“Hound Dog” was her 1953 hit that a pair of nineteen-year-old white Jewish boys named Leiber and Stoller wrote especially for her. The song was love and lateral theft; they were looking to come up with a raunchy song for her rough style, reminiscent of the street-level bite coming out of Los Angeles barrios in songs like “Chinito, Chinito.” “Hound Dog” was the first moneymaker for Houston’s Peacock Records, the first independent black rhythm-and-blues recording outfit. “Hound Dog” was later sucked into the rockabilly turbines of the Elvis star-making machinery when Presley began his meteoric ascent into what would prove to be decades of American enchantment with Byronic burnouts in possession of guitars. Afterward, she sometimes blurred the story enough to imply that she had been robbed of royalties or authorial credit for the song when others recorded it. Consider her testimony about “Hound Dog” to a writer from Women’s Wear Daily in 1971, two days before she appeared on The Dick Cavett Show: 

I first saw some lines on a paper bag and I threw in a few hollers to make it go. I wish now I hadn’t. Everybody else got paid but I didn’t get mine. Sometimes I’ve gotten $50 for a whole week, singing, trying to make it. Sometimes you get the $50 . . . sometimes you didn’t . . . the man would run off with it. Now you got to go and fuss with your landlord, You’ll pay him next week. Maybe you’ll catch the man. They taken everything but my voice.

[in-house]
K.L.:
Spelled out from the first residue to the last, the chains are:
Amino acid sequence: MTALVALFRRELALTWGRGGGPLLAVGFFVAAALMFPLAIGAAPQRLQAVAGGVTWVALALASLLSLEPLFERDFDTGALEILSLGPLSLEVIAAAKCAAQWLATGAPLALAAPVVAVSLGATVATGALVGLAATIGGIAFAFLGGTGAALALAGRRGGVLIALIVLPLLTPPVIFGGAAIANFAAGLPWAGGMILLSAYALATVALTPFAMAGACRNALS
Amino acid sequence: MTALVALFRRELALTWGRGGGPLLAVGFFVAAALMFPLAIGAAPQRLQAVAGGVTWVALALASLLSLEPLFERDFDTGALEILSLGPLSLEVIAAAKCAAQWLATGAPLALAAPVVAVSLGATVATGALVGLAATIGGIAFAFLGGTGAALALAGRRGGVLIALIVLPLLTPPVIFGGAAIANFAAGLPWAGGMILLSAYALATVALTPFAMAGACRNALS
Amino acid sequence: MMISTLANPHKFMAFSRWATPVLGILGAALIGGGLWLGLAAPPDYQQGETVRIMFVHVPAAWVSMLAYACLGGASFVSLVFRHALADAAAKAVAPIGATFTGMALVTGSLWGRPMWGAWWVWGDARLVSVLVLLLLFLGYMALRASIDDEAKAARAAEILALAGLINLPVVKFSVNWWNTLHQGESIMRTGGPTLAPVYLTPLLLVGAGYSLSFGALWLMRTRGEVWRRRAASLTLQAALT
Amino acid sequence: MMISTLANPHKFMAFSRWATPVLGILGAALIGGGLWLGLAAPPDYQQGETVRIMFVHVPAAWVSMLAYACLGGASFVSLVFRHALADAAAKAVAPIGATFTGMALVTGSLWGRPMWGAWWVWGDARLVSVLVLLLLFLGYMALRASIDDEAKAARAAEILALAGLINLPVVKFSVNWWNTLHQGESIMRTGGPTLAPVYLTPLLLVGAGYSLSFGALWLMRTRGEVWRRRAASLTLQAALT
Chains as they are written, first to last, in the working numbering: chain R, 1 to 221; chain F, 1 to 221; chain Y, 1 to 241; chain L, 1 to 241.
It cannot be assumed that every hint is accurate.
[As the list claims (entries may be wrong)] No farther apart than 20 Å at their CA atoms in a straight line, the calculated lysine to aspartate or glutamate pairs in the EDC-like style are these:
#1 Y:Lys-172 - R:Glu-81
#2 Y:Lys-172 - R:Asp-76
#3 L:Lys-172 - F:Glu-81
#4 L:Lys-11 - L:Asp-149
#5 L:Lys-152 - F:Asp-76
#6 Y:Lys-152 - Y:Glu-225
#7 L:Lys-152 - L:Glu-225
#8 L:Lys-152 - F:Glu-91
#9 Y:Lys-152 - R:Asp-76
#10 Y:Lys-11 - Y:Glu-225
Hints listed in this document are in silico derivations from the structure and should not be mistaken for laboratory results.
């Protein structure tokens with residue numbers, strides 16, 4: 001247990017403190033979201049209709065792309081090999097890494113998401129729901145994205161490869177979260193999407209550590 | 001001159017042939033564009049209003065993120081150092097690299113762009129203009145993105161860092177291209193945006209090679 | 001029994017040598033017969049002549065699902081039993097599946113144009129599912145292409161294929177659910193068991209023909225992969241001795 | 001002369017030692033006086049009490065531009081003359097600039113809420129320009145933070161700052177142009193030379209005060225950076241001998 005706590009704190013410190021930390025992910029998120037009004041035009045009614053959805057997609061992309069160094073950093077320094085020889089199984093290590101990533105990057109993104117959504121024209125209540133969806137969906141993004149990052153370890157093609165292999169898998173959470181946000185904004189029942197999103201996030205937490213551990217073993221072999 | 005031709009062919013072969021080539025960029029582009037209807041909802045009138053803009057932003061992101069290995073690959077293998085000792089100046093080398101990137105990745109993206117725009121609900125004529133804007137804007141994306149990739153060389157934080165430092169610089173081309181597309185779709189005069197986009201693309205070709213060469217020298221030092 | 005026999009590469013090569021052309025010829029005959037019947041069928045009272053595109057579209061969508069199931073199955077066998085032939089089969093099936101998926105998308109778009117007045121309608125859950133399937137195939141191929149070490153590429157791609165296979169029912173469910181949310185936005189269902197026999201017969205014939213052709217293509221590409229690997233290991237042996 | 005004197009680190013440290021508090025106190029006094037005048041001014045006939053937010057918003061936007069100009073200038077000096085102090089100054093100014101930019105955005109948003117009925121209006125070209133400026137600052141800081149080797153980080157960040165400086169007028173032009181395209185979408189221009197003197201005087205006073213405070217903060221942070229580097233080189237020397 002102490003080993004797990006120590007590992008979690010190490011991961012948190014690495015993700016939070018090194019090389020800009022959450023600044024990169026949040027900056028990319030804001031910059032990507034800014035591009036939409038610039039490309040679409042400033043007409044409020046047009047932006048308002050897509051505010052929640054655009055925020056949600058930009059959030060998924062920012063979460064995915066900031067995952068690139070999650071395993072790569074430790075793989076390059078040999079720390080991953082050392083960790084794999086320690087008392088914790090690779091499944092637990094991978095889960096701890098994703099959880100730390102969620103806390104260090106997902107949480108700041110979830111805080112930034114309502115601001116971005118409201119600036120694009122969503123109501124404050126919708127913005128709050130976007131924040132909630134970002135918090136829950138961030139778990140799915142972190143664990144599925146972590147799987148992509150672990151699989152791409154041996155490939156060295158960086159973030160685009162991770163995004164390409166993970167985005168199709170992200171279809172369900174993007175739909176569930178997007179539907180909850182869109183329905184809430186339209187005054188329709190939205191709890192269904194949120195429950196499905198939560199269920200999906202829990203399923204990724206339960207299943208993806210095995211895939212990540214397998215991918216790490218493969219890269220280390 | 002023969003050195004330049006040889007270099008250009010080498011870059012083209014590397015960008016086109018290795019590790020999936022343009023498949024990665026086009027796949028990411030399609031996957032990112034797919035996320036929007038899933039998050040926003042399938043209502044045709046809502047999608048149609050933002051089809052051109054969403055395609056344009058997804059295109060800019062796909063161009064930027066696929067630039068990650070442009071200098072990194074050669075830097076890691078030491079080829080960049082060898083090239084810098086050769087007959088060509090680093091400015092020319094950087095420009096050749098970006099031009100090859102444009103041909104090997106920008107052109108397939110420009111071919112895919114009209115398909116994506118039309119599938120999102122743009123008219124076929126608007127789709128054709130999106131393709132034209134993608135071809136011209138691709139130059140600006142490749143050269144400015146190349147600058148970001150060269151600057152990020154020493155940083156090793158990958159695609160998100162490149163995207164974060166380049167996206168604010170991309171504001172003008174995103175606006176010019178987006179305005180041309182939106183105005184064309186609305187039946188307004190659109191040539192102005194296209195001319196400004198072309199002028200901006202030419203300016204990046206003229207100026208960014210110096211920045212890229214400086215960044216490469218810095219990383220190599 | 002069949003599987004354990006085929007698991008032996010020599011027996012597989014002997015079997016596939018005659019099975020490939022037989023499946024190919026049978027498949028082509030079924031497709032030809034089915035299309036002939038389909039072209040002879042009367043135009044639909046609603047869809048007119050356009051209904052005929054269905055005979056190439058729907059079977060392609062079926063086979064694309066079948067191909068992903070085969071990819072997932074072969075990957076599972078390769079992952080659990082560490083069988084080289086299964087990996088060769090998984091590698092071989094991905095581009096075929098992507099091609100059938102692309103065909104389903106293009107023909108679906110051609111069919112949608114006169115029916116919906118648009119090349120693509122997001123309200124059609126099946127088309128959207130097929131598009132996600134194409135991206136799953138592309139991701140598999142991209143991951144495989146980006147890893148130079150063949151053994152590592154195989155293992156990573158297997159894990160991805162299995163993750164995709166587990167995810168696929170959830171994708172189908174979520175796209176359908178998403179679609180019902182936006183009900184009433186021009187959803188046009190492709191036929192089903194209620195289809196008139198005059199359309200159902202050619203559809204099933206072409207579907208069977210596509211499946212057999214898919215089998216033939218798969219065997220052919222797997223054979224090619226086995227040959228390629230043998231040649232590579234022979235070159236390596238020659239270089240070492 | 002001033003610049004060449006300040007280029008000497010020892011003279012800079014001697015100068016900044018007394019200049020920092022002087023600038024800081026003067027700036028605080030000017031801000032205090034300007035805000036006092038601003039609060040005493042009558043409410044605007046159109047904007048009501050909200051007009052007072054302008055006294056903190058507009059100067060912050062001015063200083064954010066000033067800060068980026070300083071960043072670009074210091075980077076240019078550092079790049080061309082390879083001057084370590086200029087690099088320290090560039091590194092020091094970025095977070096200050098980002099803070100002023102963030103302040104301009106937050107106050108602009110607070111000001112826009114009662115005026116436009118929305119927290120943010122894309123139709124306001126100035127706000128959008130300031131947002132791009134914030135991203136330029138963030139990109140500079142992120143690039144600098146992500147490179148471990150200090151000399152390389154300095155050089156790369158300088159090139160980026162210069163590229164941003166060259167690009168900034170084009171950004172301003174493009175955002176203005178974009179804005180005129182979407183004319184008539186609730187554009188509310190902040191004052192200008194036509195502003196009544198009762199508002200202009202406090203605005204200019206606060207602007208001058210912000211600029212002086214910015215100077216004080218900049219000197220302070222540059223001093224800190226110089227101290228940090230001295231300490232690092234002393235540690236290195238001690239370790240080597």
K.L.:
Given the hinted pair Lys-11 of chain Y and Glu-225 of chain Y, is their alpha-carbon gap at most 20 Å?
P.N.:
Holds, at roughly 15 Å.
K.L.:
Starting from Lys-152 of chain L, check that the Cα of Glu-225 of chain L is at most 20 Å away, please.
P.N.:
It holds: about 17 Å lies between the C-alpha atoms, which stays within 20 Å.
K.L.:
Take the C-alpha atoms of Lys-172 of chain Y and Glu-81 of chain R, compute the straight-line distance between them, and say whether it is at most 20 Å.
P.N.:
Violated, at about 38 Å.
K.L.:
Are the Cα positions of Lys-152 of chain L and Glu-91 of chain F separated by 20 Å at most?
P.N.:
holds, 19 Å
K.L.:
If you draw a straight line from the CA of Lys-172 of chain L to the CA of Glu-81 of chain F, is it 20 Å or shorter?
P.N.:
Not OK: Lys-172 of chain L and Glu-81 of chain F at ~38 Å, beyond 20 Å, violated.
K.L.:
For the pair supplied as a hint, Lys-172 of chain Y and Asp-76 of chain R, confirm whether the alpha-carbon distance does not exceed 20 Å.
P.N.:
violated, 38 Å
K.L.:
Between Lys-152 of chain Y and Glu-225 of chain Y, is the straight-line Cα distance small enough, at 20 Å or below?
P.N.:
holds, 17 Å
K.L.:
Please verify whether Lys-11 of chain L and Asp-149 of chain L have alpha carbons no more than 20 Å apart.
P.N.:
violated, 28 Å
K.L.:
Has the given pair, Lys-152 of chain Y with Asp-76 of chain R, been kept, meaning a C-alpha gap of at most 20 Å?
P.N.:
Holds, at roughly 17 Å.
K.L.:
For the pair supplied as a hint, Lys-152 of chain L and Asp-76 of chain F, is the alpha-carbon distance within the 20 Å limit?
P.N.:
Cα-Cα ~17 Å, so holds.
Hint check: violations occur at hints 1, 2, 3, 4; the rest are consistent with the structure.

“Hound Dog” even inspired a great short story by Alice Walker, “Nineteen Fifty-five,” in which Walker muses over what might have been, if we inhabited a just world. In the Walker story, the black singer who resembles Willie Mae Thornton gets the gift of a car from the white singer who takes possession of “her” song and is treated respectfully by him. She even acquires property and has a durable relationship with a good man. In the life we do inhabit, Big Mama bought her own car and appears neither to have owned property nor married. You already know how the blues life goes—she died of a heart attack, almost penniless, at the age of fifty-seven, and was buried in Inglewood Park Cemetery in Los Angeles County, sharing a small headstone with two strangers among the poor.

As late as 1966 Big Mama was telling Arhoolie Records producer and visionary Chris Strachwitz, “I just need a break.” In many ways, Strachwitz was her big break, because he recorded her at a time when she could have easily slipped into oblivion, and she was lucky to cross paths with someone who had consecrated his life to saving samples of the kind of American music that was being swept aside by its sometimes thankless child, rock & roll. Two years later, Big Mama’s own composition “Ball and Chain” had become one of Janis Joplin’s signature songs, with Big Mama’s blessing, after Joplin encountered Thornton singing it in the Both/And Club on Divisadero Street in San Francisco. “Ball and Chain” is often cited as a synaptic leap of blues across the racial divide to rock & roll in the Great American Love and Theft Machine, direct dharma transmission during the fabled “blues revival” of the late 1960s. 

Big Mama was one of the deacons of that revival, a beloved figure on the festival circuit, beginning with her appearance at the Ann Arbor Folk Festival in 1964, on into the odd mind-meld of the club scene in San Francisco. Those days seem to have been the busiest and happiest of Big Mama’s life, culminating in appearances at the Fillmore, at Carnegie Hall, and into the concert halls and teatros in the great cities of Europe with the American Folk Blues Festival. Big Mama never needed Joplin’s imprimatur to be somebody; she was already somebody long before Joplin hitchhiked west out of Austin.